A federal judge in Virginia ruled the healthcare reform law’s provision requiring Americans to buy insurance is unconstitutional, marking the Obama administration’s first major defeat in defense of the new law.
U.S. District Court Judge Henry E. Hudson only struck down the individual mandate and “directly dependent provisions” while upholding the rest of the reform law. The decision marks the first major step in a lawsuit destined for the Supreme Court.
Legal observers expected Hudson, a President George W. Bush appointee, to rule against the Obama administration in the lawsuit filed by Virginia Attorney General Ken Cuccinelli, a rising GOP star who some think might run for the Senate in 2012.
The individual mandate was a central part of the healthcare reform law. It requires all people to buy insurance by 2014 or face a penalty.
Hudson said the law’s final language deceptively labels the penalty a tax, after it had been called a penalty in draft language just hours before the final bill was passed on Christmas Eve last year. The distinction between penalty and tax became a sticking point because the Constitution grants the federal government wide latitude to impose taxes, but a penalty could amount to regulation of commerce across state lines in violation of the Constitution.
Throughout the debates, Democrats in Congress and Obama said it wasn’t a tax in part because that would have violated his pledge not to raise taxes against middle-class Americans. The administration changed its tune to back its legal arguments for the individual mandate, but the judge didn’t buy it.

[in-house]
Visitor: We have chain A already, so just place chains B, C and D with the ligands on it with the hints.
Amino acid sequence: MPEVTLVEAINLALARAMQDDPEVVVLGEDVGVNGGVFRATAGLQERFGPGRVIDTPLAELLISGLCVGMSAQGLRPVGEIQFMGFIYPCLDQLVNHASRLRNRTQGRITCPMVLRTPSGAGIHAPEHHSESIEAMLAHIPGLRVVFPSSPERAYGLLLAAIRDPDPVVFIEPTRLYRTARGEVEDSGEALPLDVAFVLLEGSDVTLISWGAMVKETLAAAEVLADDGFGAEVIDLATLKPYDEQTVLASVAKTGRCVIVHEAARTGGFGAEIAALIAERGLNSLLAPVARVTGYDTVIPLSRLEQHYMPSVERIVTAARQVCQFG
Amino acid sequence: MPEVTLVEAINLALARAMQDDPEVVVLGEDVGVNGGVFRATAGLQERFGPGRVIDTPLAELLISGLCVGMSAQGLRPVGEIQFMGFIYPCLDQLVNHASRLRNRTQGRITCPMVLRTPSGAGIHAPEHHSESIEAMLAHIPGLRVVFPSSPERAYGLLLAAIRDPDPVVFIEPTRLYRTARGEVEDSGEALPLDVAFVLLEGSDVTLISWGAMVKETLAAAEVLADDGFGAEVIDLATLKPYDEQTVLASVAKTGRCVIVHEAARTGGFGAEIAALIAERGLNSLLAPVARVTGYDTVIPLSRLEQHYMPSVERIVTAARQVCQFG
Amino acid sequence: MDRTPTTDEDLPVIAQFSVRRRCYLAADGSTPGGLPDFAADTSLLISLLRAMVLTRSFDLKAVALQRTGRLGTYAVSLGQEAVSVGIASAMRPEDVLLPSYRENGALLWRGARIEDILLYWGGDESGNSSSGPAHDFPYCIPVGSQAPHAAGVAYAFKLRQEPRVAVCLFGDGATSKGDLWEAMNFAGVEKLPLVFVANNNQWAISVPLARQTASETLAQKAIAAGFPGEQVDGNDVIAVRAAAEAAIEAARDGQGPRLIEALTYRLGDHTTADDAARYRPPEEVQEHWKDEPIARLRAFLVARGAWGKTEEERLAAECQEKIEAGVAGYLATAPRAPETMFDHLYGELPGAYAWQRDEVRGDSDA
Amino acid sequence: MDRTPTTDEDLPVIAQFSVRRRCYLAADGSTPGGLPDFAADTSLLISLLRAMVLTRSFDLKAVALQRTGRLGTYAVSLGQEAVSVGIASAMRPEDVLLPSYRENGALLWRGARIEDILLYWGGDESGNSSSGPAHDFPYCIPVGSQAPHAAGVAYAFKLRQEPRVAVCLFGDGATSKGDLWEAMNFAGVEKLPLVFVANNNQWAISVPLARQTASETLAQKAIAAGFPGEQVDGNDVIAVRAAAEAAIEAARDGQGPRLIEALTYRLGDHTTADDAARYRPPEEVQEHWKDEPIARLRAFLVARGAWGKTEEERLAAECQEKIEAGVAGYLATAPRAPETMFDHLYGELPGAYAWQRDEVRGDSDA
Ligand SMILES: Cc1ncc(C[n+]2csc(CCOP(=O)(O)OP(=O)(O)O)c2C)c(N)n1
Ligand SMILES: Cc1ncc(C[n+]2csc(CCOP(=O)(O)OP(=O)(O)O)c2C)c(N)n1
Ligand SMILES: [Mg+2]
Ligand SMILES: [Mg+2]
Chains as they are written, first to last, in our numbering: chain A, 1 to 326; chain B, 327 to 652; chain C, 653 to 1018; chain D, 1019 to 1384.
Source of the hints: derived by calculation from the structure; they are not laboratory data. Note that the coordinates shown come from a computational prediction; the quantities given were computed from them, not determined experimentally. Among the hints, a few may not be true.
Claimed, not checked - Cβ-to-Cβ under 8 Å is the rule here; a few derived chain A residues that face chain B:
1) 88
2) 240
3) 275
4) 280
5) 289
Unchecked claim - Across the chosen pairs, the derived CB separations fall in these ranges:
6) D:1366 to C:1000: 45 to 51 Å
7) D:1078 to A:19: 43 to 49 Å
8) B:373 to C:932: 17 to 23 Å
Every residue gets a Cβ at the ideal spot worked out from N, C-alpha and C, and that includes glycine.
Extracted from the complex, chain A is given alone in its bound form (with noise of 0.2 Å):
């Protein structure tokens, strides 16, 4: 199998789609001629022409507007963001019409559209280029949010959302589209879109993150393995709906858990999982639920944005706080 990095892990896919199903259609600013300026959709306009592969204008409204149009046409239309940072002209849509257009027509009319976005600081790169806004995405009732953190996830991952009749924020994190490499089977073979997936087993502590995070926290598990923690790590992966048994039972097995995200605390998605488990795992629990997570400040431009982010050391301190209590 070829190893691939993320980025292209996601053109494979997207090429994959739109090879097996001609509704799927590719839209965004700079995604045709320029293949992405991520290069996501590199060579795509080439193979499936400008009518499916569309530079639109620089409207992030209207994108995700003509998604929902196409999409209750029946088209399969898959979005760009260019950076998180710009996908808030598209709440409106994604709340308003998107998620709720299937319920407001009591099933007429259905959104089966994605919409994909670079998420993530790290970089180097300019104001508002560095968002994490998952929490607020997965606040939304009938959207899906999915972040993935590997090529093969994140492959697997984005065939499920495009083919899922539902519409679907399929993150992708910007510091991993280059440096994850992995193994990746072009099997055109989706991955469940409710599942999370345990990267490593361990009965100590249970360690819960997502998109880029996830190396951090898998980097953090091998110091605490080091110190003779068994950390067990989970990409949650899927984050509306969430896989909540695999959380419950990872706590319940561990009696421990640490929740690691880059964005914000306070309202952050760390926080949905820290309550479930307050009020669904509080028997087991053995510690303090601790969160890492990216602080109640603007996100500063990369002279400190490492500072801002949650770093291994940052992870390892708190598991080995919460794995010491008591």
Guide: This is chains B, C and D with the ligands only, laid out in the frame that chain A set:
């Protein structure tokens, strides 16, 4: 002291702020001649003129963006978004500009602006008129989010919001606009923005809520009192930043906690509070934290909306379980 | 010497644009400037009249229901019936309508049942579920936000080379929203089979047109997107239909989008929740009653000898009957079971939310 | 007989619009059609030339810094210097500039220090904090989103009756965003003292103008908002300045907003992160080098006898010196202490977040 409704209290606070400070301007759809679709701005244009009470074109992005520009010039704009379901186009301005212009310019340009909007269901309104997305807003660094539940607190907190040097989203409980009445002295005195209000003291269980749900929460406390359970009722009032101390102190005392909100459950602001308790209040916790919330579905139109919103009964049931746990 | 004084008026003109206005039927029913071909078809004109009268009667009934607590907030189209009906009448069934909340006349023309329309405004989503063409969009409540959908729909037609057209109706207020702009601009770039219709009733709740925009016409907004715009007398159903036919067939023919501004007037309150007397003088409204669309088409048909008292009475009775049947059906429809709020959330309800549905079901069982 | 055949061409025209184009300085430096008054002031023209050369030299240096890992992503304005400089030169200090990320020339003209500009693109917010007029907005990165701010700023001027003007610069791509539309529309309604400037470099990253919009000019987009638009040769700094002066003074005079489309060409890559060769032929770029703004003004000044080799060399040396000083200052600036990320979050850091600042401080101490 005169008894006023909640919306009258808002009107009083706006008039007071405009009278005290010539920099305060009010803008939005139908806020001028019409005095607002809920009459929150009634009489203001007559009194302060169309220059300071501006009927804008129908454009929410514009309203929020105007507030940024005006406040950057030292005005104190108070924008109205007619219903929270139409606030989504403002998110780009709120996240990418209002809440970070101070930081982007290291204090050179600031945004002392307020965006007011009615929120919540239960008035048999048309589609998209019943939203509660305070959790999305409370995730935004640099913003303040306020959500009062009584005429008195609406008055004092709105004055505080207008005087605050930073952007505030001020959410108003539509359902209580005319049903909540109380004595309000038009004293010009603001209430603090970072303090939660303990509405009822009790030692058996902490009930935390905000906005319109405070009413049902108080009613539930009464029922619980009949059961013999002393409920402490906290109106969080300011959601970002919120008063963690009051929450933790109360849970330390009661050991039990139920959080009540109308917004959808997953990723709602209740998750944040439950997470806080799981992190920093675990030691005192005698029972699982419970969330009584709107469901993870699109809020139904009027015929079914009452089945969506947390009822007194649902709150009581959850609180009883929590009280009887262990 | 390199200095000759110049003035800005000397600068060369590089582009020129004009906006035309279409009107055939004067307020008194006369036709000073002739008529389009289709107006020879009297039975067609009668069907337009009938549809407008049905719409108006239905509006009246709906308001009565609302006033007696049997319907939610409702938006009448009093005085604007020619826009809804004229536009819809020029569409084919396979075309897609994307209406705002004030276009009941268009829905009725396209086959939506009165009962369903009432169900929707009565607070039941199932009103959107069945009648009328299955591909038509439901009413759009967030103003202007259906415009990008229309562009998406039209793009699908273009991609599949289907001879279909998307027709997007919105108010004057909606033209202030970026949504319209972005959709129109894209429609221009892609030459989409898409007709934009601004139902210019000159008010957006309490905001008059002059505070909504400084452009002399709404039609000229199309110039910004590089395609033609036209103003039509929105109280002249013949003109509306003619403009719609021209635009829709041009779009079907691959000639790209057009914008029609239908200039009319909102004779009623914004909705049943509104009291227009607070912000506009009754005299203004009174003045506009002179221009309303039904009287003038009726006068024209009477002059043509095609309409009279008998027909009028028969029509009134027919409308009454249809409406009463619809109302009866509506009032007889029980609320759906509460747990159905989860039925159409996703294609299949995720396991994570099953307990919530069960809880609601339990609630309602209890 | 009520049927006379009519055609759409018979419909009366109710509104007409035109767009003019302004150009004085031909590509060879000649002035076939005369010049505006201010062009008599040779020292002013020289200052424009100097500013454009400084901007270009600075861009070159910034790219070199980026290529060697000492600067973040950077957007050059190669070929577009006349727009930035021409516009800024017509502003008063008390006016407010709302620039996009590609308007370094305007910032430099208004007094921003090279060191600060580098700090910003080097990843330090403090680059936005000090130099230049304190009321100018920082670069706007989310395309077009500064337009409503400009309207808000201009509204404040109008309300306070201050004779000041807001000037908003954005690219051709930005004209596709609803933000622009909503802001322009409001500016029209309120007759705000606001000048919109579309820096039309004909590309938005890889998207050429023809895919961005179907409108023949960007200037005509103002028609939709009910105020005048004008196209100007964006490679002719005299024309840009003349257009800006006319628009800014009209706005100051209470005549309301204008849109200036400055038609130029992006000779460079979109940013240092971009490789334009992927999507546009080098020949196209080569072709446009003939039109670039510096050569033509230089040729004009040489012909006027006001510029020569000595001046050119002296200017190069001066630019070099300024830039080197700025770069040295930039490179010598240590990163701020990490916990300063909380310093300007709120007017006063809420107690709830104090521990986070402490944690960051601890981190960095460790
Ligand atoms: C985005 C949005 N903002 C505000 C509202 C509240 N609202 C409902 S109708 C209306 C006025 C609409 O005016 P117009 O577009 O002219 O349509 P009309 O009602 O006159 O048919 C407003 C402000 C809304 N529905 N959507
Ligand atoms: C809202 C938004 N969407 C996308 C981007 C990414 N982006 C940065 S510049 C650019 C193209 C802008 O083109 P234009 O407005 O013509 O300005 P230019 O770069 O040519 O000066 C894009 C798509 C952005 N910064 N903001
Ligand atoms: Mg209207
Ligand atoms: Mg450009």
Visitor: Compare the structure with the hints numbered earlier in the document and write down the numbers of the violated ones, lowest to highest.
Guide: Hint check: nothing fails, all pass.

“This Court’s analysis begins with the unequivocal denials [during the debate] by the Executive and legislative branches that the [law] was a tax,” Hudson wrote.
Rep. Eric Cantor (R-Va.) called on President Obama and Attorney General Eric Holder to request the case be sent directly to the Supreme Court.
It's important yet somehow not important to note that the judge upheld the other provisions of the law, striking down only the individual mandate.
The ObamaCare law as written contains no severability clause which allows other portions of the law to stand even if one portion of the law is found unconstitutional.
Well, how come there is no severability clause?
Word around the campfire is that in their haste to rush this thing to a Senate floor vote last Christmas Eve, they simply forgot it, natch. A competing theory holds that the severability clause was purposely omitted to mollify competing interests so that if one interest's portion gets taken down the whole thing gets taken down. For a legislative body that completely forgot to add language exempting themselves from ObamaCare, we're inclined to go with the Keystone Cops theory.
Legally speaking, this may not be a big deal. Structurally speaking, however, this is huge.
The Supreme Court has demonstrated in the past, that even in the absence of a severability clause, they ruled that the spirit of the law intended for severability. You forgot to put it in there? No worries. We got you covered.
If the individual mandate is struck down, ObamaCare may be crushed under its own weight anyway and even the Obama administration has acknowledged this. One of the prime funders for ObamaCare is the individual mandate. One of the major ways this thing was going to pay for itself was for previously uninsured, healthy, younger people to be forced to purchase health insurance to help prop up the risk pool and then (hopefully) not use the health insurance.
Without the individual mandate, ObamaCare cannot fund itself.
So, again, legally-speaking, this may not be very important but from a structural integrity standpoint - how this thing is to operate and how it is funded - it is huge.